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ISTE Keynote #2

June 26, 2012

Good morning everyone! Today is going to be a GREAT day! We’re sitting in the front half of the auditorium, and got to listen to an incredible violinist! It was awesome!

They’re still bringing people in, but we’ve got excellent seats today!


Randy, Treva, and I are chatting while we wait to start!



Music and intensity is building while we await the grand entrance! Someone has done a fantastic job of making the video previews, and video clips that are being used to start the morning.

Don Knezek has been on the video with lots of commentary about NETS, ISTE, and all kinds of stuff. We’re going to miss Don, he has been a fantastic champion for ISTE!

Don Knezek welcomed the group! Don is a fantastic speaker, and is encouraging teachers and educators in the room and around the world who are coming in via video. Don shared the five most important messages he’s learned over the years.


  1. World-class teachers and school principals are the most critical upstream inputs to a world-class education system.
  2. Education policy is important, but education policy backed by leadership and incentive funding is a game changer
  3. Accountability based on the needs of previous generations does not result in an education system that prepares learners for their futures
  4. The most important lessons to be learned today are not only inside the four walls of our classrooms.
  5. When organizations collaborate, kids win.

Don introduced Anita McNear, and played a video with a major tribute to Anita, who is pretty much responsible for ISTE’s conference program over the years. Very well done ISTE, very well done! Good job recognizing such an important pillar, working in the background. Anita is retiring this year.

Dr. Yong Zhau from University of Oregon, Global, Creative, and Entrepreneurial: Defining High Quality Education.
Presidential Chair and Associate Dean
Video of the keynote can be found here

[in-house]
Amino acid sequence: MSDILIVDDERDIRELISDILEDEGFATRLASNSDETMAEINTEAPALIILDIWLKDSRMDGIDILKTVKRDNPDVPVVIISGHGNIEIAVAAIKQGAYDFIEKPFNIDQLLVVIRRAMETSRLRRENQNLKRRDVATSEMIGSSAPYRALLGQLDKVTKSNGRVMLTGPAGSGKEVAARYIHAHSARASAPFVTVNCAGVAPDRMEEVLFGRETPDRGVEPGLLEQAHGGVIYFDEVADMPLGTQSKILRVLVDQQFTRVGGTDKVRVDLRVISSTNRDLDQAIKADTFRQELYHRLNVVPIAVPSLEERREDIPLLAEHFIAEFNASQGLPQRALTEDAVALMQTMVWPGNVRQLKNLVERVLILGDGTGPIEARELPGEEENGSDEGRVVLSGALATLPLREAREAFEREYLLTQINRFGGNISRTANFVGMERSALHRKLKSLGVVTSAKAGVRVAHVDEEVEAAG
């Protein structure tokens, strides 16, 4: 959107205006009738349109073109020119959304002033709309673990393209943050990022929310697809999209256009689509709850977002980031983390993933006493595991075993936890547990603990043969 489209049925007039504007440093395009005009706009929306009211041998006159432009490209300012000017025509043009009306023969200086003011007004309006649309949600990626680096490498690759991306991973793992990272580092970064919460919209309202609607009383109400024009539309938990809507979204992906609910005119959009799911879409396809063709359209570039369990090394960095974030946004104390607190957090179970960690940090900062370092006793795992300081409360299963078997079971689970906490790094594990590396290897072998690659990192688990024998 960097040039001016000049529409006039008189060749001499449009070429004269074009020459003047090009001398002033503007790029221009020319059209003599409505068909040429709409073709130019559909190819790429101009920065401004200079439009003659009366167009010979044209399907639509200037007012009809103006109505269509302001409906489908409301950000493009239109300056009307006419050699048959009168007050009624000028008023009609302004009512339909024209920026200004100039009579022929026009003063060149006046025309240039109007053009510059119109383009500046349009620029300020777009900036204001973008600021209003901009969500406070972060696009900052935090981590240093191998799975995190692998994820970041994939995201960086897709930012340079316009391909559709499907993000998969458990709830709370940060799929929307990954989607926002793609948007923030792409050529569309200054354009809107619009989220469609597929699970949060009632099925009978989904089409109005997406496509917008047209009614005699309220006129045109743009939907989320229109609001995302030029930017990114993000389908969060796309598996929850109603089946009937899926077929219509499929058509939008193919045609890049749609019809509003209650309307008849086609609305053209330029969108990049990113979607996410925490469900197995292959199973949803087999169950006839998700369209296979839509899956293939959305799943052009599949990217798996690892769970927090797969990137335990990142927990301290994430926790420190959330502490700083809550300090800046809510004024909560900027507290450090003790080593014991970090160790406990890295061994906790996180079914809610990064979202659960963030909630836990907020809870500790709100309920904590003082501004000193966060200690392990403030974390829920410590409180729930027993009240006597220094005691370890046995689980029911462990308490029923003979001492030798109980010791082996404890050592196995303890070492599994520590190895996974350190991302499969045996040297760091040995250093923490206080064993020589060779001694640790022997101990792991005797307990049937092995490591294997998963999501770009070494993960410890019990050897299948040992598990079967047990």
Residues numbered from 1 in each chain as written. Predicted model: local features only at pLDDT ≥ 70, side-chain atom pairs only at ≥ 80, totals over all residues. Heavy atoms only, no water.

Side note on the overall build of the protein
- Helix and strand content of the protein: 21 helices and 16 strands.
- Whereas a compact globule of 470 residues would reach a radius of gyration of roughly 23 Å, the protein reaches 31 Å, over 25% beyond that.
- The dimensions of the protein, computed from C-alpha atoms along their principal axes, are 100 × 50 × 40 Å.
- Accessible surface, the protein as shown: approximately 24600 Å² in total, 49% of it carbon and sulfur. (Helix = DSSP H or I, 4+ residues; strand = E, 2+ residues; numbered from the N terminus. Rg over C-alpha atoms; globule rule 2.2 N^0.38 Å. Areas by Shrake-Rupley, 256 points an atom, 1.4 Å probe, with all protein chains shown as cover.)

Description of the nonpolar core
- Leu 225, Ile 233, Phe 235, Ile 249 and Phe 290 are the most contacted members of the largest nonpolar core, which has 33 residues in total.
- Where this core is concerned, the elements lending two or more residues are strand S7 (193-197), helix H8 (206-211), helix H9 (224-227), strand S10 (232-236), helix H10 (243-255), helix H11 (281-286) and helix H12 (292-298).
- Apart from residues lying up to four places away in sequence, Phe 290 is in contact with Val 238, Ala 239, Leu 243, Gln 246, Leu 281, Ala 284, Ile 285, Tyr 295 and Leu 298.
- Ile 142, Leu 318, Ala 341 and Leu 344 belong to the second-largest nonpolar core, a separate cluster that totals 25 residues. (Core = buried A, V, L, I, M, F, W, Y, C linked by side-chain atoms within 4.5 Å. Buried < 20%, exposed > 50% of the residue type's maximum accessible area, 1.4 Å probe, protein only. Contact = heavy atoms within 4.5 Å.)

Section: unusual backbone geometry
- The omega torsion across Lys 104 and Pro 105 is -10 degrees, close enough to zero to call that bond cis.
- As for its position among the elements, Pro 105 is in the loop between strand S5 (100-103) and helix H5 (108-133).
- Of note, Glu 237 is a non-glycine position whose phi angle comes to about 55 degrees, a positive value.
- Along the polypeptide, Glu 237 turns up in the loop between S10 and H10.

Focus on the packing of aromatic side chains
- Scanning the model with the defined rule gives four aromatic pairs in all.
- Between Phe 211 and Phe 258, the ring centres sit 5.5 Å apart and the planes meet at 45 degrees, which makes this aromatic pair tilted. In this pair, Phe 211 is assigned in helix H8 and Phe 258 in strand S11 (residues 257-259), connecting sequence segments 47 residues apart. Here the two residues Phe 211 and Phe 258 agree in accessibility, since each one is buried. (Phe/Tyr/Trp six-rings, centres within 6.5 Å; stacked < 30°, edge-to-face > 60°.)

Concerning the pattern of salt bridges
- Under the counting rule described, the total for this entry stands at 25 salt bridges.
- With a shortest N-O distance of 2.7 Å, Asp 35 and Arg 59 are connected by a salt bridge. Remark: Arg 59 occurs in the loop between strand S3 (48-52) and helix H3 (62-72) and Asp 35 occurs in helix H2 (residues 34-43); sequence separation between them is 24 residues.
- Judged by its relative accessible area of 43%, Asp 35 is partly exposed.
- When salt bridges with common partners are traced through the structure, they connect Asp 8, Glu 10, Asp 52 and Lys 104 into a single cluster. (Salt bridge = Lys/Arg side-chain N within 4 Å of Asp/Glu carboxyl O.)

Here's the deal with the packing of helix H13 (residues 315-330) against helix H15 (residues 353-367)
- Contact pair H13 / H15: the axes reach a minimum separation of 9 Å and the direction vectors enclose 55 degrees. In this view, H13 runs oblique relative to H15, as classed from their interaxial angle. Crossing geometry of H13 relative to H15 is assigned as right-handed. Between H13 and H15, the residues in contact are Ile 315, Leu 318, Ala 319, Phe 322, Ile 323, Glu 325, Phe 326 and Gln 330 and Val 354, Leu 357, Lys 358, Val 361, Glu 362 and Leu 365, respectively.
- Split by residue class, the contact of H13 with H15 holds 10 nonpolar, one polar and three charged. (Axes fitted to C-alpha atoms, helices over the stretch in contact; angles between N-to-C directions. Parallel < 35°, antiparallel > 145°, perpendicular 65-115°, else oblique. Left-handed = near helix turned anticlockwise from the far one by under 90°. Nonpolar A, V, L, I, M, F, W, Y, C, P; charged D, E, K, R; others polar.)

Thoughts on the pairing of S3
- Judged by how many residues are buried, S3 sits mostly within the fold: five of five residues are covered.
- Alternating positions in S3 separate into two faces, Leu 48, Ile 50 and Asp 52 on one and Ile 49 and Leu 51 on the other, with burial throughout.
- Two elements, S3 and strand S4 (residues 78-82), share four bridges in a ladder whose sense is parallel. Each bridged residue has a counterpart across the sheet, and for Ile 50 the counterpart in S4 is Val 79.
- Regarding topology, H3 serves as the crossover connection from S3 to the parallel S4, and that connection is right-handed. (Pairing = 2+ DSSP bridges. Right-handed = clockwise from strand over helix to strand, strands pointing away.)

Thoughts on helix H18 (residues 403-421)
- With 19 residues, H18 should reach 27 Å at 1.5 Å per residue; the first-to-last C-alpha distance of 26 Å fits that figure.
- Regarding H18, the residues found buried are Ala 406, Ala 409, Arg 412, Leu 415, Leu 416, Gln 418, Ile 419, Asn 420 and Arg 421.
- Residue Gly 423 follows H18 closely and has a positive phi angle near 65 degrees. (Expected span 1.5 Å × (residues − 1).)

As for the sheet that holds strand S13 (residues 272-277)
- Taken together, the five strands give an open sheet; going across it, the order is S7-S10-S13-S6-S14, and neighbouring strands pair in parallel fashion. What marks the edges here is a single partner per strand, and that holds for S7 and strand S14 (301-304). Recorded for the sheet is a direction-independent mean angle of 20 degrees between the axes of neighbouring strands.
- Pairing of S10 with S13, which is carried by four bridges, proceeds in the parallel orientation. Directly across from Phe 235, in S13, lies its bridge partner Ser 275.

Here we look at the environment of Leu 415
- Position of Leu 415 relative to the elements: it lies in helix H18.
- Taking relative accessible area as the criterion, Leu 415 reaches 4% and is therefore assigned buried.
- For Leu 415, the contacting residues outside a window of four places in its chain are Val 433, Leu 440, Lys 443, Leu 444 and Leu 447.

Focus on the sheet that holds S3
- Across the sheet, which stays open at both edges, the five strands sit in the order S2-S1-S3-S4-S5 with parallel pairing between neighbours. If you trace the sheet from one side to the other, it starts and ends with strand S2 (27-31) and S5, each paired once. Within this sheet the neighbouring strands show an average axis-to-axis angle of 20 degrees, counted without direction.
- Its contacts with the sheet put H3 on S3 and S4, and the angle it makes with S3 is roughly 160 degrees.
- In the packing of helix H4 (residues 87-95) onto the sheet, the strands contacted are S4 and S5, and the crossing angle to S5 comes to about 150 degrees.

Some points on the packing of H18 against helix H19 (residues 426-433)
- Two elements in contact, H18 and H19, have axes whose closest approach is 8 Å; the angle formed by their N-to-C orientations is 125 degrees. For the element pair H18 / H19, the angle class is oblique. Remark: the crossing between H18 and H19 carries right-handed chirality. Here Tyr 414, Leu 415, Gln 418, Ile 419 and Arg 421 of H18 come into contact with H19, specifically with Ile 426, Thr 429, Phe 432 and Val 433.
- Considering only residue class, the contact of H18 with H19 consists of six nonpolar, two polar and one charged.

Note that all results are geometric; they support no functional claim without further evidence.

Todd’s Summary: There are extensive notes below, but my quick synopsis of Dr. Zhau’s presentation is this: We are using test scores to determine the value of our education system and compare to others. Yet the countries with the highest test scores have the lowest productivity. Dr. Zhau suggests that the higher the test scores and standards, the lower the creativity and entrepreneurship. So we should be finding ways to encourage students to be more creative, more entrepreneurial, which will make them more successful.

Education reform is interesting, but you have to know where you’re going with it, and what you want to do at the end! Destination is absolutely important. Dr. Zhau reminded us of the stone heads on Easter Island, and how people put aside all other responsibilities, farming, animals, everything, to build the family stone heads. But was the destination worth it?

Dr. Zhau was talking about testing, and how the U.S. and many other countries are moving to standards assessments, and we are now lost in terms of “What’s the purpose of education?” In the U.S. we’re in a race to the top, but the top of what?

All standards movements are trying to measure students and teachers.

Test scores = New God in Education – we’re trying to tie test scores to teacher evaluation, and student measurement.

Maybe Test Scores are just like giant stone heads, look cool, they’re seductive, but they don’t really lead to better education.

“If you judge a fish by its ability to climb a tree… It will spend it’s whole life thinking it’s stupid.” – Albert Einstein <;;- slides

New book: World Class Learners – Yong Zhao

Why Didn’t China Have a Big Party? The 2009 PISA Results (largest international academic horse race). It has become the gold standard of educational quality. Like the Easter Island stone heads. China won in all three categories (Math, Science, Reading), and Obama called it this generation’s “Sputnik” moment.